Firefighters Under Occupation is a distintive documentary. Sponsored by the Fire Brigade Union it was filmed by a South Wales firefighter on a trip to the Occupied West Bank where indigenous firefighters operate the equipment donated by their comrades in Britain. The event also has a distintive venue, the converted Gipton Fire Station now an East Leeds Community venue.

The Time That Remains is the most recent feature by Elia Suleiman released in 2009, screening at the Hyde Park Picture House. Suleiman is a pioneer of Palestinian cinema, his first films in the 1990s were produced before the present expanded cycle of films made in the occupied territories emerged. Dramatising his own life and that of his father Fuad Suleiman produces a complex narrative setting out both the Israeli domination of Palestinians and their resistance. The film treats the subject with a degree of irony.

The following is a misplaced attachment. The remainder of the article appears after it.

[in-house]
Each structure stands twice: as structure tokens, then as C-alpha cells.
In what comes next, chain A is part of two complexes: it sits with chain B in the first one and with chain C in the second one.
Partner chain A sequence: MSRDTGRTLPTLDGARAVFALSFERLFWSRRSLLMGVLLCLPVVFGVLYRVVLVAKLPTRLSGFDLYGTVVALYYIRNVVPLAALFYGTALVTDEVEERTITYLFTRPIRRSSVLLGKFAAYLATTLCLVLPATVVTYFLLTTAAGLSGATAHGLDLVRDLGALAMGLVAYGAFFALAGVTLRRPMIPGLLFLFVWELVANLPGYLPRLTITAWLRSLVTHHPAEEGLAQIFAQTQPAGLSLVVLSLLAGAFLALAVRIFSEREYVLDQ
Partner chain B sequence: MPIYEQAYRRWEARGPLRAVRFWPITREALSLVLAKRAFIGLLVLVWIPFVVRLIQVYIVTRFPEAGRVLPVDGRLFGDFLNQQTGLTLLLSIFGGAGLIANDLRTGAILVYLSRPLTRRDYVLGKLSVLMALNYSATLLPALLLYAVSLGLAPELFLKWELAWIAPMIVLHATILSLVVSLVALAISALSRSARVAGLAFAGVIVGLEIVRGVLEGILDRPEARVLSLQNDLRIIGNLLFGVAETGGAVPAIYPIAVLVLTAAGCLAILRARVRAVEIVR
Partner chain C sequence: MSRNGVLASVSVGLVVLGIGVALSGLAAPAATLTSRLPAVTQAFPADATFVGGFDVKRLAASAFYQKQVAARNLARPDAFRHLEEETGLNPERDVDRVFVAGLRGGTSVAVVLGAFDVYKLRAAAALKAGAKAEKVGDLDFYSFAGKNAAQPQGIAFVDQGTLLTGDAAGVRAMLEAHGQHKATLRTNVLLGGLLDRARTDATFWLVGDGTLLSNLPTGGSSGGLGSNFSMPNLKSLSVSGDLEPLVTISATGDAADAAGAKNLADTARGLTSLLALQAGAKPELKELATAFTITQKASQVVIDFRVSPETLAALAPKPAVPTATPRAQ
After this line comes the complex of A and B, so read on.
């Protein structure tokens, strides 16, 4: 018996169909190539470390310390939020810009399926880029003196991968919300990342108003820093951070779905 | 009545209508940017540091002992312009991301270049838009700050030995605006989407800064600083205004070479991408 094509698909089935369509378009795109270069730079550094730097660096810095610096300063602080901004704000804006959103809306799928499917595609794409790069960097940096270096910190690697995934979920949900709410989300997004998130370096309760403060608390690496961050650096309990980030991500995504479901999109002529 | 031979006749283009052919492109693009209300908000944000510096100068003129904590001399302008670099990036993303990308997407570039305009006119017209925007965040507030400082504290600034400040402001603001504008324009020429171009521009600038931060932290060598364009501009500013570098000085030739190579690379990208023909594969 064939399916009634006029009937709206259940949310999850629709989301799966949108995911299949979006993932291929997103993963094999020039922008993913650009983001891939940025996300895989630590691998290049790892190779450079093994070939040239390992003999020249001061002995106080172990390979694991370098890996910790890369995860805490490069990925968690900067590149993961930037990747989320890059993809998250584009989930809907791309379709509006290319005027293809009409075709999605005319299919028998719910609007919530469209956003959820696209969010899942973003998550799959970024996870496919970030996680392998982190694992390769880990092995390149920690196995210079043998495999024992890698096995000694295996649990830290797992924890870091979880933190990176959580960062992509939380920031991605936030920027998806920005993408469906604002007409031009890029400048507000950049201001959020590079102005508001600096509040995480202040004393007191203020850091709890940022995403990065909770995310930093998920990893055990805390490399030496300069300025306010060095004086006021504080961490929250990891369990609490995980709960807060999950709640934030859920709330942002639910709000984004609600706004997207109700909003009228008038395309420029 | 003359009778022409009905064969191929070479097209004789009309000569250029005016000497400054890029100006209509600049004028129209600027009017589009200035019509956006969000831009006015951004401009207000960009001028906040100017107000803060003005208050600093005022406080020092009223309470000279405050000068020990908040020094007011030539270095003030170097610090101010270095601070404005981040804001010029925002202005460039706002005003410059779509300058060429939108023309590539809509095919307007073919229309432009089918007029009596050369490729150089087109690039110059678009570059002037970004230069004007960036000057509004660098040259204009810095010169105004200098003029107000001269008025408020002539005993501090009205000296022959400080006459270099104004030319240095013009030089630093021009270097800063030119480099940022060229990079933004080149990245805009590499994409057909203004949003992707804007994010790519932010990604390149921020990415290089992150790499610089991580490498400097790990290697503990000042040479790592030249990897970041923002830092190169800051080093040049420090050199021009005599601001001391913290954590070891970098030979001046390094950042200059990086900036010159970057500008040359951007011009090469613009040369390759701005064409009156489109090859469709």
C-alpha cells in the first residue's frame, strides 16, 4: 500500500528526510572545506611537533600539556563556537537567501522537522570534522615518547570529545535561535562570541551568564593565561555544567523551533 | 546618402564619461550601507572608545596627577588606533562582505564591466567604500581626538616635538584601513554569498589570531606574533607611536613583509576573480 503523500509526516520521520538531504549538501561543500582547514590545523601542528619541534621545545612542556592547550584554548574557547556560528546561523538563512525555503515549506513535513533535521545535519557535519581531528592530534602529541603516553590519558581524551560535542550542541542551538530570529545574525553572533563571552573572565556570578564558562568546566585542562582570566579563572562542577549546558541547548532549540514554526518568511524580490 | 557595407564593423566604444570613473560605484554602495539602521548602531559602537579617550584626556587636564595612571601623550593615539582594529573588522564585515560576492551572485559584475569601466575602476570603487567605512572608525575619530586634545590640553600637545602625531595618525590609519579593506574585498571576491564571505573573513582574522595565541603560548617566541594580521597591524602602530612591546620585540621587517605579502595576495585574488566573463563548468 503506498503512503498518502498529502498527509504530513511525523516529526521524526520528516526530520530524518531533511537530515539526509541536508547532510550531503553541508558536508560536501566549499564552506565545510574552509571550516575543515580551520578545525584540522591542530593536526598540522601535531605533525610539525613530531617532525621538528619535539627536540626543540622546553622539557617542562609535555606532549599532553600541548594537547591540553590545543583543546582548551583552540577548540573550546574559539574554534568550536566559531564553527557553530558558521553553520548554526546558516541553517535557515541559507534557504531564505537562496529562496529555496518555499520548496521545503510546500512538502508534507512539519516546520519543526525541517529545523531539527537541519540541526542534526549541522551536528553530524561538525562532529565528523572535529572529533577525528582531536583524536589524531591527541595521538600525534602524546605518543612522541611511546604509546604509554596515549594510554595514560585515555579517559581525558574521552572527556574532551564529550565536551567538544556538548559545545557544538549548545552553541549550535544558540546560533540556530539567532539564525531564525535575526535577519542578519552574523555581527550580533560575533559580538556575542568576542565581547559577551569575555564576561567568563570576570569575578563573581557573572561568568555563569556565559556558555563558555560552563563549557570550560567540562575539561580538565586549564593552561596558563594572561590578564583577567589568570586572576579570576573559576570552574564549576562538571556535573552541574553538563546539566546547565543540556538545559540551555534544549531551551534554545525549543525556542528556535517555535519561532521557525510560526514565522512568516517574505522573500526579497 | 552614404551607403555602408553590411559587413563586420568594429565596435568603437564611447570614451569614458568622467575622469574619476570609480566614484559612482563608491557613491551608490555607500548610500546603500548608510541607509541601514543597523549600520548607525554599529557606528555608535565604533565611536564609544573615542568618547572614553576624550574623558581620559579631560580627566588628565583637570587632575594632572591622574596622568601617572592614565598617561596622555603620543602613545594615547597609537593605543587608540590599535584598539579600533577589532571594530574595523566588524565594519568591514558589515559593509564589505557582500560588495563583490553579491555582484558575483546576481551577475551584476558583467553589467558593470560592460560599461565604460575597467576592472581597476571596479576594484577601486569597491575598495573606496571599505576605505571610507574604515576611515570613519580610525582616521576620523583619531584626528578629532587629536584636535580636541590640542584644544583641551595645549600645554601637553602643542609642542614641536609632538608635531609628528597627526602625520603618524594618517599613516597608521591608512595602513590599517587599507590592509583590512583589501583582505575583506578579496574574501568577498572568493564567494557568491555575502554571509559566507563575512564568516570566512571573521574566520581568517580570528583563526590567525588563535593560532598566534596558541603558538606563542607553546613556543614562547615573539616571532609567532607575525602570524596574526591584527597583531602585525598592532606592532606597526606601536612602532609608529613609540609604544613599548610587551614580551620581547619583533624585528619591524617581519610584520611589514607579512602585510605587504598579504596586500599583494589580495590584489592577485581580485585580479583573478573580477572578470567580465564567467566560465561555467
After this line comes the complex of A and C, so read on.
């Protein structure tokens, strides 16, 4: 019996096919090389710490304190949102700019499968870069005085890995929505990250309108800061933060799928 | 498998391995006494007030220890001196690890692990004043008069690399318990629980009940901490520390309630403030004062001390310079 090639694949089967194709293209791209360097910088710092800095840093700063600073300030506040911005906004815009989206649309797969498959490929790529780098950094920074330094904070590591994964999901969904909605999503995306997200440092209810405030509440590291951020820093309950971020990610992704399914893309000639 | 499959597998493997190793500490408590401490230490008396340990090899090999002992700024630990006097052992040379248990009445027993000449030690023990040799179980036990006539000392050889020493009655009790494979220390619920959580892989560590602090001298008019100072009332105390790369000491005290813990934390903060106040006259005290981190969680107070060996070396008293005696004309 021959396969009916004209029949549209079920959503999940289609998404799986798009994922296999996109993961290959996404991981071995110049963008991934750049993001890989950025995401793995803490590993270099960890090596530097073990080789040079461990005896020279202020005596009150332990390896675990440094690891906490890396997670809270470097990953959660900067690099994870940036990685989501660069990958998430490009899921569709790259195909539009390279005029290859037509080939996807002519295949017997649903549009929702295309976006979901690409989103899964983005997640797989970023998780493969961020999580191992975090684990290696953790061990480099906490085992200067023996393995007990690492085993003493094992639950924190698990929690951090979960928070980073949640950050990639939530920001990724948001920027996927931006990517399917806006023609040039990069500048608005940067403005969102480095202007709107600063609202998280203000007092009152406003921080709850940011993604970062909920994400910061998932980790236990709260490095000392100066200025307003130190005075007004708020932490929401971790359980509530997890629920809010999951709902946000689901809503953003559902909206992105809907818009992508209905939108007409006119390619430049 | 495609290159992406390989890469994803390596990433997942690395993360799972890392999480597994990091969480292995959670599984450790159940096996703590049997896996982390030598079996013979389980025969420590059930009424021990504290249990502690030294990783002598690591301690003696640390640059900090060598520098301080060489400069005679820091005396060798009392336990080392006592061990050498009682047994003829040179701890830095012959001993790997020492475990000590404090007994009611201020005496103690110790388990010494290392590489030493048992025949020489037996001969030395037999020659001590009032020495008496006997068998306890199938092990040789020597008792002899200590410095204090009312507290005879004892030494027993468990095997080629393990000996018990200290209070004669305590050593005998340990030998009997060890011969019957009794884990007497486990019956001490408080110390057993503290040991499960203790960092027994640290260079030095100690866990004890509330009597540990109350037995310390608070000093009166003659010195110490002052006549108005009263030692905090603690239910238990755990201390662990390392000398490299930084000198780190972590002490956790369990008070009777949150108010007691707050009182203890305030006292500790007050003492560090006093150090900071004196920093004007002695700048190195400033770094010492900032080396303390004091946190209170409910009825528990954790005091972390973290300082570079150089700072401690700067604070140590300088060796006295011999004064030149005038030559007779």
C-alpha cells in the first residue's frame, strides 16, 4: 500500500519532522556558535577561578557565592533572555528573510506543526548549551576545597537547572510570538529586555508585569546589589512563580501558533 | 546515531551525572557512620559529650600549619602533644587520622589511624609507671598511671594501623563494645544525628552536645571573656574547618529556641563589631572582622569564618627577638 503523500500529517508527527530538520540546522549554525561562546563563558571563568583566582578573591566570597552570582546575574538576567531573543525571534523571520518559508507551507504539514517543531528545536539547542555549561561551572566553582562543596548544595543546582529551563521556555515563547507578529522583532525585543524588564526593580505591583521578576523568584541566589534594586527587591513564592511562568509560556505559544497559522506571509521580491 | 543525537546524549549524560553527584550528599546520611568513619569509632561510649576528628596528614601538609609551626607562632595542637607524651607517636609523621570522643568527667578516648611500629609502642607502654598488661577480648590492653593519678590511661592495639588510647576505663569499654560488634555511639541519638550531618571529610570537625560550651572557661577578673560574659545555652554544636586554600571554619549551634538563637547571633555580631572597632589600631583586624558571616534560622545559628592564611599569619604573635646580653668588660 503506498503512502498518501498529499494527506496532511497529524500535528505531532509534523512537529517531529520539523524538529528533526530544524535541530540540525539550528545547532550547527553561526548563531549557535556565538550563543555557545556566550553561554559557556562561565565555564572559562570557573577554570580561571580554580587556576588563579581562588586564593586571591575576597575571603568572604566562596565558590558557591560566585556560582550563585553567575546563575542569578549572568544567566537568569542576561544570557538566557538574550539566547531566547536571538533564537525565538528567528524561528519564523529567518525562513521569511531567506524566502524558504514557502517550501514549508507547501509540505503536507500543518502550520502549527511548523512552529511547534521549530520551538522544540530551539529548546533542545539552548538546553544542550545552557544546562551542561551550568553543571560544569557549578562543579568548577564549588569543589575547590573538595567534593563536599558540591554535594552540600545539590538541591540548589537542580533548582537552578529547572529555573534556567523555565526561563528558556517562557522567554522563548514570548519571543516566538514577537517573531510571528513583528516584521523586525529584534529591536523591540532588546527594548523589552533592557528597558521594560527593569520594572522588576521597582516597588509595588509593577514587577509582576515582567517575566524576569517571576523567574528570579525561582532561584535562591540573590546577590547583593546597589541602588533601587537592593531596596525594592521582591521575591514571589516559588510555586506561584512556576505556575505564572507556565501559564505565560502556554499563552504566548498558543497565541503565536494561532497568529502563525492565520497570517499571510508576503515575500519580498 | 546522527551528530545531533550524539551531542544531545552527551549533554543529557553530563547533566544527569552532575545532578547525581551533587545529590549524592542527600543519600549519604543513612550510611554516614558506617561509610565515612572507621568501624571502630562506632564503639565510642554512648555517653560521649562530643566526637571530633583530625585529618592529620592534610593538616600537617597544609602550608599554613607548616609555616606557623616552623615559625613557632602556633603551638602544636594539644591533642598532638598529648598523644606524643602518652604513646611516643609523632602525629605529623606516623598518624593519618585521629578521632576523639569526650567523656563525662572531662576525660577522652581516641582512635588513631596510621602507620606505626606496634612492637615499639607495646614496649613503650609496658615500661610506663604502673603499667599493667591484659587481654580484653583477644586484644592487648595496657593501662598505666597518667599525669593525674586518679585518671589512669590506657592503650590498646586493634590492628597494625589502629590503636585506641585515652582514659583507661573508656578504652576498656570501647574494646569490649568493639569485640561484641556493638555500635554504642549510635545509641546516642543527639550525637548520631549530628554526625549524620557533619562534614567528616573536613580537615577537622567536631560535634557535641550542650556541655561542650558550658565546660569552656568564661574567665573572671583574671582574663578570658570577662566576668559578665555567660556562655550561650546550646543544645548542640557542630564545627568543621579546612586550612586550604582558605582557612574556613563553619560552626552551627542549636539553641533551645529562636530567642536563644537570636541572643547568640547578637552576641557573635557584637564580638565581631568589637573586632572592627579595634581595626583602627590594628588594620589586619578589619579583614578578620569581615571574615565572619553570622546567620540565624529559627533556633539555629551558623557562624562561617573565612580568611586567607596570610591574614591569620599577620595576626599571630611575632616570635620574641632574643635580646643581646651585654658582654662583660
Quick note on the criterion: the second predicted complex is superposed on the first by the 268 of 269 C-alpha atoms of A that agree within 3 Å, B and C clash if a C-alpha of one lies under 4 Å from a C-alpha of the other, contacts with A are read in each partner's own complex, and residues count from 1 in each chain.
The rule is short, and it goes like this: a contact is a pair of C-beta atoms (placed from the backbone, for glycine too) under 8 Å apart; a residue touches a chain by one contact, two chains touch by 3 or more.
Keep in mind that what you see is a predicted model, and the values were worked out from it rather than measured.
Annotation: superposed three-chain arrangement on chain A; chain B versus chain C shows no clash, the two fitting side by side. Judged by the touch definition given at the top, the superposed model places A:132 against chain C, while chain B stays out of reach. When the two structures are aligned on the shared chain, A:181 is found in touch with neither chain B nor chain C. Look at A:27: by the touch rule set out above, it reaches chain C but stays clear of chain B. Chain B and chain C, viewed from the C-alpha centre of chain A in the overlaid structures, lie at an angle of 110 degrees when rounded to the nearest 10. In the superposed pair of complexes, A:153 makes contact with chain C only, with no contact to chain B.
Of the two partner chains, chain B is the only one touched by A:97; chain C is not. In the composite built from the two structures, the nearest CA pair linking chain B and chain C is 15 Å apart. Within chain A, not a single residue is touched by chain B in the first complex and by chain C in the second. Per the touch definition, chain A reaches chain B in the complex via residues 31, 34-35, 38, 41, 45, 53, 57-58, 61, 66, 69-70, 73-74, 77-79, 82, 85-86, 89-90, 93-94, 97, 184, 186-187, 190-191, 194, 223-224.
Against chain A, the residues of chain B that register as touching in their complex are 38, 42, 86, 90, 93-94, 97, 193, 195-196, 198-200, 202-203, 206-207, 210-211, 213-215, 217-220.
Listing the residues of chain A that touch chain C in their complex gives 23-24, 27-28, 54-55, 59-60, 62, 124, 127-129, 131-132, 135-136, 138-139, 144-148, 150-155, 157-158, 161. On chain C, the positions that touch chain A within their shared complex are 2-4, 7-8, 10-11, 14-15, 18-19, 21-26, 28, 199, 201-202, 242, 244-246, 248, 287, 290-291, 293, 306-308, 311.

The Idol from the 2016 Festival at a new venue. This title dramatises the story of Muhammad Assaf, the Gazan wedding singer who won the prestigious Television Contest ‘Arab idol’. The film had some fine sequences set in Gaza in his childhood and returns there at the end with actual footage of the celebrations on his success.

Also returning from 2016 is Balls, Barriers & Bulldozers, a documentary following a British tour of the West Bank playing against  Palestinian women football teams. The film is about the sport and about the experience of visiting the Occupied Territories.

‘Existence is Resistance’ is an evening with short films and an exhibition of photographs. The theme is ‘Sumud’, that is ‘steadfast’. The short films are Sumud: Everyday Resistance; Journey of a Sofa; and Shireen of al-Walaja the portrait of a popular resistance leader.